Like it or not, electronic technologies continue to “invade” the traditionally very mechanical firearms space. As consumers rely more and more on smart phones, rangefinders, smart scopes, night vision optics, rechargeable lights, smart targets, chronographs, GPS units, tablets, and lord knows what else while out on the range, the need for portable power grows and grows.
So much so that our man Leghorn did a gear review on a straight-up portable power bank. As in, not directly gun-related in the slightest. Except, of course, for powering the above [partial] list of powered doodads some of us rely on.
First, let me just state that this is only a prototype. It’s 3D-printed and uses an off-the-shelf, portable power bank. Wake Island’s production version is going to sport a sleeker design that looks more like a traditional buttstock and will house a form-fitting power bank.
Whether it’s a power-sucking, everything-enabled night vision optic (my review of a different ATN model noted “voracious battery appetite” as one of its big downsides) or a rechargeable light (LaserMax MANTA-RAY pictured) or your own cell phone that’s sucking down the juice searching for a signal out on the range, the Battery Buttstock’s 15,000 mAh of on-board capacity will keep you going.
Two USB ports are accessible at the front of the buttstock when the power bank is installed. A window in the stock provides access to the power bank’s screen for quick checks of charge state.
Simply pivot the recoil pad downwards to slide the power bank out the back. This allows it to be charged on the kitchen counter or at work or wherever else the entire rifle may not be welcome.
Functioning on a commercial buffer tube for now, simply pull down on the keychain ring to unlock the stock and move it between length of pull adjustment holes. Production versions of the Battery Buttstock will have a sleeker, more standard stock-like adjustment lever.
Out on the range, I shot a bunch of mags through this guy and if you didn’t know, you wouldn’t know. It feels like a normal stock on the shoulder and on the cheek.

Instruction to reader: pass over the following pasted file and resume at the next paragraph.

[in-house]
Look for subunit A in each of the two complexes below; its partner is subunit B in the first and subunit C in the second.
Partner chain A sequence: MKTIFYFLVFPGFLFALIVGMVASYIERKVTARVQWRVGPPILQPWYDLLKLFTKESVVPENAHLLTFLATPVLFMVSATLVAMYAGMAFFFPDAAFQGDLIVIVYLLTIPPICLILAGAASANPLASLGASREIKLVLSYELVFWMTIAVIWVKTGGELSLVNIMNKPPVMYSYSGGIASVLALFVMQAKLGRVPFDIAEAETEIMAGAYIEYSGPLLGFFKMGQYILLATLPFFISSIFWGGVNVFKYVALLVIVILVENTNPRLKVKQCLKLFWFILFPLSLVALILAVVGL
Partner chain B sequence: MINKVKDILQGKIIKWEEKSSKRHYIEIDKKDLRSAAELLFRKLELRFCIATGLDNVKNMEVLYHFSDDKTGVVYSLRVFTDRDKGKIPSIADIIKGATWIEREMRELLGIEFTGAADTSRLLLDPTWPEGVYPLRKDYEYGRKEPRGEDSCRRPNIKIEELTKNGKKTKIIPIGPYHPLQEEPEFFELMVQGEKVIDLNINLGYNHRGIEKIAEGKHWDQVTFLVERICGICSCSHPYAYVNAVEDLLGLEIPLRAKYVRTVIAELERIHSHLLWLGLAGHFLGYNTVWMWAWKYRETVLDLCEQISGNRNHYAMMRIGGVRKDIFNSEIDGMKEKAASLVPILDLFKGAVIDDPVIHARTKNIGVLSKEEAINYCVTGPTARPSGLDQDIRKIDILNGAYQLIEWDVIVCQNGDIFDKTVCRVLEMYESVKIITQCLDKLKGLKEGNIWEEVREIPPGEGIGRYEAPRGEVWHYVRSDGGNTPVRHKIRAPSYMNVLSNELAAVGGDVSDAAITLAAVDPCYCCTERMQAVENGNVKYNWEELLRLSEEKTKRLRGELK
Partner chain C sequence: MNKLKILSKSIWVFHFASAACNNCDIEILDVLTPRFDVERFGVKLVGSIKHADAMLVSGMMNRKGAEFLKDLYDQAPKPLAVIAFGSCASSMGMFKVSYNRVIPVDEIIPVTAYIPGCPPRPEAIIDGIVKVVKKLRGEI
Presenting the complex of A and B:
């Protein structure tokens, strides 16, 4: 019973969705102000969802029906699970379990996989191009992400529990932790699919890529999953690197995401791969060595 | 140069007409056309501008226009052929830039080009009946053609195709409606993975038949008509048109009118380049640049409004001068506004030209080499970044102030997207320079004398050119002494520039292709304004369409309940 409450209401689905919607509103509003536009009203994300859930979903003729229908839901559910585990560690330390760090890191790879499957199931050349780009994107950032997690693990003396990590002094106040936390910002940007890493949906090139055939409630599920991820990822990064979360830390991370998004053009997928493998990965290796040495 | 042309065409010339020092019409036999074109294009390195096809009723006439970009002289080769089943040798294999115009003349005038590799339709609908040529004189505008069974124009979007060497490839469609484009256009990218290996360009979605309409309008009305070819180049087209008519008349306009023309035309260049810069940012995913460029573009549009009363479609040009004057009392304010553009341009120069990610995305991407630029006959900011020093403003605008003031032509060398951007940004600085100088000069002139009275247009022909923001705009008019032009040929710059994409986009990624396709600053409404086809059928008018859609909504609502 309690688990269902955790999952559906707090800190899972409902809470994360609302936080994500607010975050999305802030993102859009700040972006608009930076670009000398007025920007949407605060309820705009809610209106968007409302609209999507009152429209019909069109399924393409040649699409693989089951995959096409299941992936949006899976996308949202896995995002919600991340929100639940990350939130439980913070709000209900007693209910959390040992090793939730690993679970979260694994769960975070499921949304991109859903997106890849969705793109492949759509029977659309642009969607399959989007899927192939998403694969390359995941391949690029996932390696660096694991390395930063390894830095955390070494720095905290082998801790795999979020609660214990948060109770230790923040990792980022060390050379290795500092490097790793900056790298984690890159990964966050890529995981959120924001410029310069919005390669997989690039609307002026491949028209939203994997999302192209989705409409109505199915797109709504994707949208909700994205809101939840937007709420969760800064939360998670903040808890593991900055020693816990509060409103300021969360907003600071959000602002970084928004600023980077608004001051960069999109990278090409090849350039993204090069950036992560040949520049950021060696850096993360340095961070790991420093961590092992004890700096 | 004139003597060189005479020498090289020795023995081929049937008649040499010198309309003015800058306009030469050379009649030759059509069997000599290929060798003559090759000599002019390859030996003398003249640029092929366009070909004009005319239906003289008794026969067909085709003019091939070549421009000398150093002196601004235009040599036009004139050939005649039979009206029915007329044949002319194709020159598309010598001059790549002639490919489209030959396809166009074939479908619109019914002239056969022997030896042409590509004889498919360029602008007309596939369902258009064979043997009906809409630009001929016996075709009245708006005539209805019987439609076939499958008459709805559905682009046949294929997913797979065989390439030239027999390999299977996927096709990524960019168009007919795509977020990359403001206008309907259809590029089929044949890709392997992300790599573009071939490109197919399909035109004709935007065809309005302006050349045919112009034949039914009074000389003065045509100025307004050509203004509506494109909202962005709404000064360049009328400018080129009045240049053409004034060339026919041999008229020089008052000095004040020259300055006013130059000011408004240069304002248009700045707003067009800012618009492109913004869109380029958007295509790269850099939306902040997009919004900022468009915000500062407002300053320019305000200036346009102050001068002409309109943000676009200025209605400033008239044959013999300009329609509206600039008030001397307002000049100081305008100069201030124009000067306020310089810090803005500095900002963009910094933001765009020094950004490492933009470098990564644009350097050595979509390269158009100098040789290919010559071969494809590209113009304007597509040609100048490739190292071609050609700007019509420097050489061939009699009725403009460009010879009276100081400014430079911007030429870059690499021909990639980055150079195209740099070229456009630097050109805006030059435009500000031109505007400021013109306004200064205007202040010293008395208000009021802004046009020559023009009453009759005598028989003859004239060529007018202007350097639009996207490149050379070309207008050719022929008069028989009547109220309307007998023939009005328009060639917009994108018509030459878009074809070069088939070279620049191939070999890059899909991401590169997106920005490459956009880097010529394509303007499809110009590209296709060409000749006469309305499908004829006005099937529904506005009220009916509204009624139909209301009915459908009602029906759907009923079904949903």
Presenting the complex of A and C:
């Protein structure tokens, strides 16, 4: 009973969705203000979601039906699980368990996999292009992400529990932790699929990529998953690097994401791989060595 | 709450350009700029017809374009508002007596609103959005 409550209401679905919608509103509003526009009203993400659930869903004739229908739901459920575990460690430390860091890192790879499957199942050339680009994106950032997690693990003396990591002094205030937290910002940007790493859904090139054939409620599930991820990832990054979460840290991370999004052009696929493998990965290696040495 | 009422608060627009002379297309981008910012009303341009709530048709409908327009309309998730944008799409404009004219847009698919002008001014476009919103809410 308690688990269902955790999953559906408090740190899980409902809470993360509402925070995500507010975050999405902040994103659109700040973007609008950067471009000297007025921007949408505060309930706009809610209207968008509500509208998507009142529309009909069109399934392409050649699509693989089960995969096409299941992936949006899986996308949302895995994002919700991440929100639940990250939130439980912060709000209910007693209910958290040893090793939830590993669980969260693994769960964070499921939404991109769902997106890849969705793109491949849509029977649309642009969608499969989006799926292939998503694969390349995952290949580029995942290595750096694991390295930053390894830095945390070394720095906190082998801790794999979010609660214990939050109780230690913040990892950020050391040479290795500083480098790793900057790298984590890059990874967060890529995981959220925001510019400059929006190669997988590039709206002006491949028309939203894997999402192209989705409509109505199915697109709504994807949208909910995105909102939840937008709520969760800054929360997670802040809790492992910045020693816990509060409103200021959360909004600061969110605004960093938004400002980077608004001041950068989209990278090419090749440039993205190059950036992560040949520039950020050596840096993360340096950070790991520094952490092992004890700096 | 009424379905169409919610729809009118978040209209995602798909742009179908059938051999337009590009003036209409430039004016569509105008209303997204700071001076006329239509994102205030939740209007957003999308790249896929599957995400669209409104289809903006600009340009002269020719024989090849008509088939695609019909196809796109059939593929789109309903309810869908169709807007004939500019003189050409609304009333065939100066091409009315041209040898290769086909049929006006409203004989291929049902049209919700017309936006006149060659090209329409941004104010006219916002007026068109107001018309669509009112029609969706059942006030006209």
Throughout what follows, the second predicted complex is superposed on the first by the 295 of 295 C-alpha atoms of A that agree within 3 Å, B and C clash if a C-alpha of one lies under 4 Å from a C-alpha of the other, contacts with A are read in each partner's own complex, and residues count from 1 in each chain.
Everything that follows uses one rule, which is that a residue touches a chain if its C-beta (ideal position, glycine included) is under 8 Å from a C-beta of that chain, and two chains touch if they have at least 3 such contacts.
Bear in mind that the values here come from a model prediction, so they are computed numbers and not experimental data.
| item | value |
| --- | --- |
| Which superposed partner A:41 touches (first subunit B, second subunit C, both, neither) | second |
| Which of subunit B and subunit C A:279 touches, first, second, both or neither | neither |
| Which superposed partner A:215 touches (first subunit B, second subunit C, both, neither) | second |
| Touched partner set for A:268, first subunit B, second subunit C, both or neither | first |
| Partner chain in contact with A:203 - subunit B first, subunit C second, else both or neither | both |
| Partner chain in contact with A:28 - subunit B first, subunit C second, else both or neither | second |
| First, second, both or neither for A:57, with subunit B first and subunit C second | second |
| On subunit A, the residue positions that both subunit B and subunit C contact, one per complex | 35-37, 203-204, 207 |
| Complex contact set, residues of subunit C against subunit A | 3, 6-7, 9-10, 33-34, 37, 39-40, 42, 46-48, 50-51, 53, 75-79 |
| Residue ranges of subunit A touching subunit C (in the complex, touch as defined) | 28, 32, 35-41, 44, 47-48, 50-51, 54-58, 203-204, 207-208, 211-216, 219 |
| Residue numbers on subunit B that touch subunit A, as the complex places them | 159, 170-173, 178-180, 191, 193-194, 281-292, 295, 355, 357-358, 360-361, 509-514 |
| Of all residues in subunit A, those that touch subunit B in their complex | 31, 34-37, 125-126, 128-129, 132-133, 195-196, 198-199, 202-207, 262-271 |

In fact, the bit of extra weight from the battery pack balances out a rifle quite nicely, making it less muzzle-heavy than usual and moving the balance point back closer towards your strong hand. Which, in most cases, feels pretty good and makes that additional ~12 ounces much less noticeable than it would be if it were on the handguard or over the receiver, etc.
From the Battery Buttstock one can charge anything that’s USB-powered. Wake Island Sports also intends to release adapters for EOTech and other, popular products with unique inputs.
Whether you’re a survivalist looking for some bug out power backup or just a hobbyist tired of dead devices while out on the range or on hunts, Wake Island Sports’ idea of putting empty space inside a buttstock to good use is, well, useful.
As this is a prototype and there are substantial design tweaks pending before production, I won’t be officially rating it. However, it’s already pretty well-sorted and, functionally, it’s quite solid. A few refinements and I think Wake Island Sports is going to find a happy audience for the Battery Buttstock.
Specifications: Wake Island Sports Battery Buttstock
Fit: stock fits AR-15 commercial buffer tubes
Capacity: 15,000 mAh
Ports: two USB ports
Battery life indicator screen
Removable for charging (or for hot-swapping another power bank)